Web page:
One more LinkedIn learning, and I once again lost track of the advice, meaning I can’t thank the author personally. Bad Troim.
Anyway, I do recall the advice: “Know your target audience. ”
Well, this is either very easy or borderline impossible.
At first glance it’s a no-brainer: I’m the target audience. I’m first and foremost entertaining myself. Know this sounds like the admission of a bad neurosis. Bad luck. I’m having fun writing stupid stories in bad English. I need to practice my third language for day job purposes, and this is even more fun than reading The Guardian and The Economist, listening to npr and watching CNN or BBC World.
The author of the advice assumes that any writer longs for as large an audience as possible. For purse and/or pride reasons. Let’s pretend for a second to be affected by this particular delusion.
If what is supposed to be my target audience shares traits with me, the following preferences prevail:
- Escapism through entertainment: Laugh and puzzle good. Deep thoughts bad, unless they come in light doses and funny wraps.
- Linguistic simplicity: Fine to occasionally need Google translate and reread some sentences. ‘Occasionally’. ‘Some’.
- Race, gender and class stereotypes as well as gross violence, especially torture, are no entertainment, they are plain yuck.
Simple preferences. But how to find people sharing them? This list doesn’t easily translate into conventional sociological categories. I’ll settle for knowing my audience’s preferences without having the slightest clue how to reach it.
In principle, Think-o-mat doesn’t progress too badly, on the plot and character side of issues. Chapter 6 will be available by the end of the week. But style remains a huge concern…
The third language issue is solved by having been declared a feature.
Rewriting after a gap of at least one day is both a must and fine. At least half of the first version of any scene is found guilty of verbosity and goes trash while the rest is subjected to mood stress tests and has to survive a couple of permutations. So far, so fine. Long live the memory of Saint Steve, inventor of the tablet without all this wouldn’t be possible.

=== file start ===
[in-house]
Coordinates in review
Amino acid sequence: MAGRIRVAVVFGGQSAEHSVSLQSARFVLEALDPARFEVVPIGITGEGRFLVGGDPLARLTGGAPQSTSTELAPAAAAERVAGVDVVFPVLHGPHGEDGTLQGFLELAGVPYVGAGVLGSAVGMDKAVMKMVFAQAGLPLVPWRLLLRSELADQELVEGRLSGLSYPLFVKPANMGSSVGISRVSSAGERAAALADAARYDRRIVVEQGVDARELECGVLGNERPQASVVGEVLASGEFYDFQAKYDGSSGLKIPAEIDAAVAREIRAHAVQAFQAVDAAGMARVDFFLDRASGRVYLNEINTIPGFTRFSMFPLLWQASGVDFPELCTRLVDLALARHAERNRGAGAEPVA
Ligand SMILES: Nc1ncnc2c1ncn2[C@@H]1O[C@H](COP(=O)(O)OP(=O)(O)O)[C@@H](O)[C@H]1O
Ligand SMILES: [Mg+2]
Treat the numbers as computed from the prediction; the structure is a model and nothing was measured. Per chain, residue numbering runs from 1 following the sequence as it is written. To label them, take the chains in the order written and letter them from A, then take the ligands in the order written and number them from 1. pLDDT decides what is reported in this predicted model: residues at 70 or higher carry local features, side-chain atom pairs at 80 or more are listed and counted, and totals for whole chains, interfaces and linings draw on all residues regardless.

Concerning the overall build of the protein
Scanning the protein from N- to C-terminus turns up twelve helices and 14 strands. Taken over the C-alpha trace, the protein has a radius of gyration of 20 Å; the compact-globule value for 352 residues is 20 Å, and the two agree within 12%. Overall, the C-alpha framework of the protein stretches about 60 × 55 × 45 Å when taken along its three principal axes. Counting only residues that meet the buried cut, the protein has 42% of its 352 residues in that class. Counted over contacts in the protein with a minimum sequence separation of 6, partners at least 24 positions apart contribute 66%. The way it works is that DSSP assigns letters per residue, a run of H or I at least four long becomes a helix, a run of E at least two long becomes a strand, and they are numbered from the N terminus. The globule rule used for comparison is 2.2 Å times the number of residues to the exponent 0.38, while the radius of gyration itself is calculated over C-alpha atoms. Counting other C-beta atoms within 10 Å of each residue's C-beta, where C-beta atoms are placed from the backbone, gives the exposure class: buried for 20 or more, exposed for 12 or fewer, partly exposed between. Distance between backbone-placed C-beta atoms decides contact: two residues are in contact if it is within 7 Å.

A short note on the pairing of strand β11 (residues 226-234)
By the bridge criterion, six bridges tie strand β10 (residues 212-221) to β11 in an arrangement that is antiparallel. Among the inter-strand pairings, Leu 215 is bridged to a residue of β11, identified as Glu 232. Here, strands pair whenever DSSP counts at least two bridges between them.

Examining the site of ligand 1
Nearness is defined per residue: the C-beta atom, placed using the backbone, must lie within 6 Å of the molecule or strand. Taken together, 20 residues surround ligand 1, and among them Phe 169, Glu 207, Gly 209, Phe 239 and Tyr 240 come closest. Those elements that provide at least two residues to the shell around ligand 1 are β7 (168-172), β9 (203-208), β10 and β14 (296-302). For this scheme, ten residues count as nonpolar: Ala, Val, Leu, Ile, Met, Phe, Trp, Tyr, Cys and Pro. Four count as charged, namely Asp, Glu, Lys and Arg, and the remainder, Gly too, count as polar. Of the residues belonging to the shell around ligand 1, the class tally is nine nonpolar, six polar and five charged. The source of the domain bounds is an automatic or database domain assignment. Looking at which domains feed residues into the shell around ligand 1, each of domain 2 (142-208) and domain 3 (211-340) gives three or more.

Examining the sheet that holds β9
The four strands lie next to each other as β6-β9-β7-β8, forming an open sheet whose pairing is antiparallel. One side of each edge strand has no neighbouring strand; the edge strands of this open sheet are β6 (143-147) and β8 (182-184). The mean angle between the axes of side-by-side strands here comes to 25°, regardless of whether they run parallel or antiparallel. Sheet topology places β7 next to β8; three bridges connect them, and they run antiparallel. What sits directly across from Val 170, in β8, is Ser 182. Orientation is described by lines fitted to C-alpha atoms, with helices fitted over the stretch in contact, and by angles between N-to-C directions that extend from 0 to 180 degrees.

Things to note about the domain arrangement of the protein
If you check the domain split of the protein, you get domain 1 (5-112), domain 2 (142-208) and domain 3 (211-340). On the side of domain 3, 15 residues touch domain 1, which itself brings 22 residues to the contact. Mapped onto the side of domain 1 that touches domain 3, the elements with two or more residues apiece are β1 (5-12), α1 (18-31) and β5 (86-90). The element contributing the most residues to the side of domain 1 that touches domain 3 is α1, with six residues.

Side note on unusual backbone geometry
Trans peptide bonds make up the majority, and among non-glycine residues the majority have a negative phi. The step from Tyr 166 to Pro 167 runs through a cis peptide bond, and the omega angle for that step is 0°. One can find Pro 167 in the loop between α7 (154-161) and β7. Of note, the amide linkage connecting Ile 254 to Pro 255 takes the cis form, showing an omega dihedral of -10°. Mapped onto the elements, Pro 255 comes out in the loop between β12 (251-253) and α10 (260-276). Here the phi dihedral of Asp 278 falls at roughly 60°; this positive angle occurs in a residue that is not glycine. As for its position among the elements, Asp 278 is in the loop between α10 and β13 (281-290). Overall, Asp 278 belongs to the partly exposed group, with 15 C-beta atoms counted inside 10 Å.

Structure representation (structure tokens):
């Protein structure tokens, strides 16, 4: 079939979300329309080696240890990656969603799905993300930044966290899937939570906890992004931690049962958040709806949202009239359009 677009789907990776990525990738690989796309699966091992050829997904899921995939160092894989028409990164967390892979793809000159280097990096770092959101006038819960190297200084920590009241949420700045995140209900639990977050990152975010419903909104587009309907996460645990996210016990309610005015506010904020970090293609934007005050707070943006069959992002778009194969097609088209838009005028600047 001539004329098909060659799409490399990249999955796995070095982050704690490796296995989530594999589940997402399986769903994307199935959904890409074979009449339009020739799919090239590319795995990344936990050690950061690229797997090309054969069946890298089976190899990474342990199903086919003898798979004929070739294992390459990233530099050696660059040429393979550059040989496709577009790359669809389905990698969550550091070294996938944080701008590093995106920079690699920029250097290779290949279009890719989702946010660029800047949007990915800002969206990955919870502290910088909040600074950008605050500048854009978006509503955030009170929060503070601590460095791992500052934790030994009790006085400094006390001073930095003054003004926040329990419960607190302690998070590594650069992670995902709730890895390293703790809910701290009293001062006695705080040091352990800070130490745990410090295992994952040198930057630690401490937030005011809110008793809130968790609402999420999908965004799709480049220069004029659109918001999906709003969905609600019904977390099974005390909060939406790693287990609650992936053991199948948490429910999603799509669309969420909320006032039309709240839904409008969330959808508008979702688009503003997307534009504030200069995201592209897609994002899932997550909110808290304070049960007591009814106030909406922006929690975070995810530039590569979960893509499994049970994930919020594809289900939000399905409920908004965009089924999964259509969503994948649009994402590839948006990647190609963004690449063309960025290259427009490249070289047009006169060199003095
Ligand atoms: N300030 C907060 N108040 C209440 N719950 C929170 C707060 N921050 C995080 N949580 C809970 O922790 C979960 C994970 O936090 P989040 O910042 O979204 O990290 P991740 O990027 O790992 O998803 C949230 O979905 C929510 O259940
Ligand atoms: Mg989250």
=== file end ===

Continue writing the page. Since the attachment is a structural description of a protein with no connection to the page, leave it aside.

What really sucks is my obsession with optical balance. No writer should worry about a single small word ending up all alone in a new line. This is irrelevant. In todays eWorld, line breaks vary according to gadgets. I know it. I tell myself to ignore optical balance. And end up spending time on dreaming up constructions that don’t sound too bad while looking more balanced. Bad Troim! Probably correlated to my Duck-on-Wall tick. Or trick.
Wonder if other writers, especially real, professional ones, experience similar kinds of bias. Don’t dare raise the question in one of the LinkedIn groups. Yet.
One of the disadvantages of writing in a third language is the occasional confrontation with gaps. Had to look up the definition of ‘aside’, just to be on the safe side when using this format option.
Turns out it means as suspected. Phew. Got really close to a dire doubt here. Except one of the reasons for this whole project is a little revenge. Anglo-american linguistic dominance forces a whole generation of specialists who never aspired to linguistic brilliance to spend our days writing and speaking a foreign language, badly.
If we keep increasing our numbers at the present rate, we’ll soon be the majority determining style. Yep, I know this is a ghastly outlook. Hurts me less than thou, though.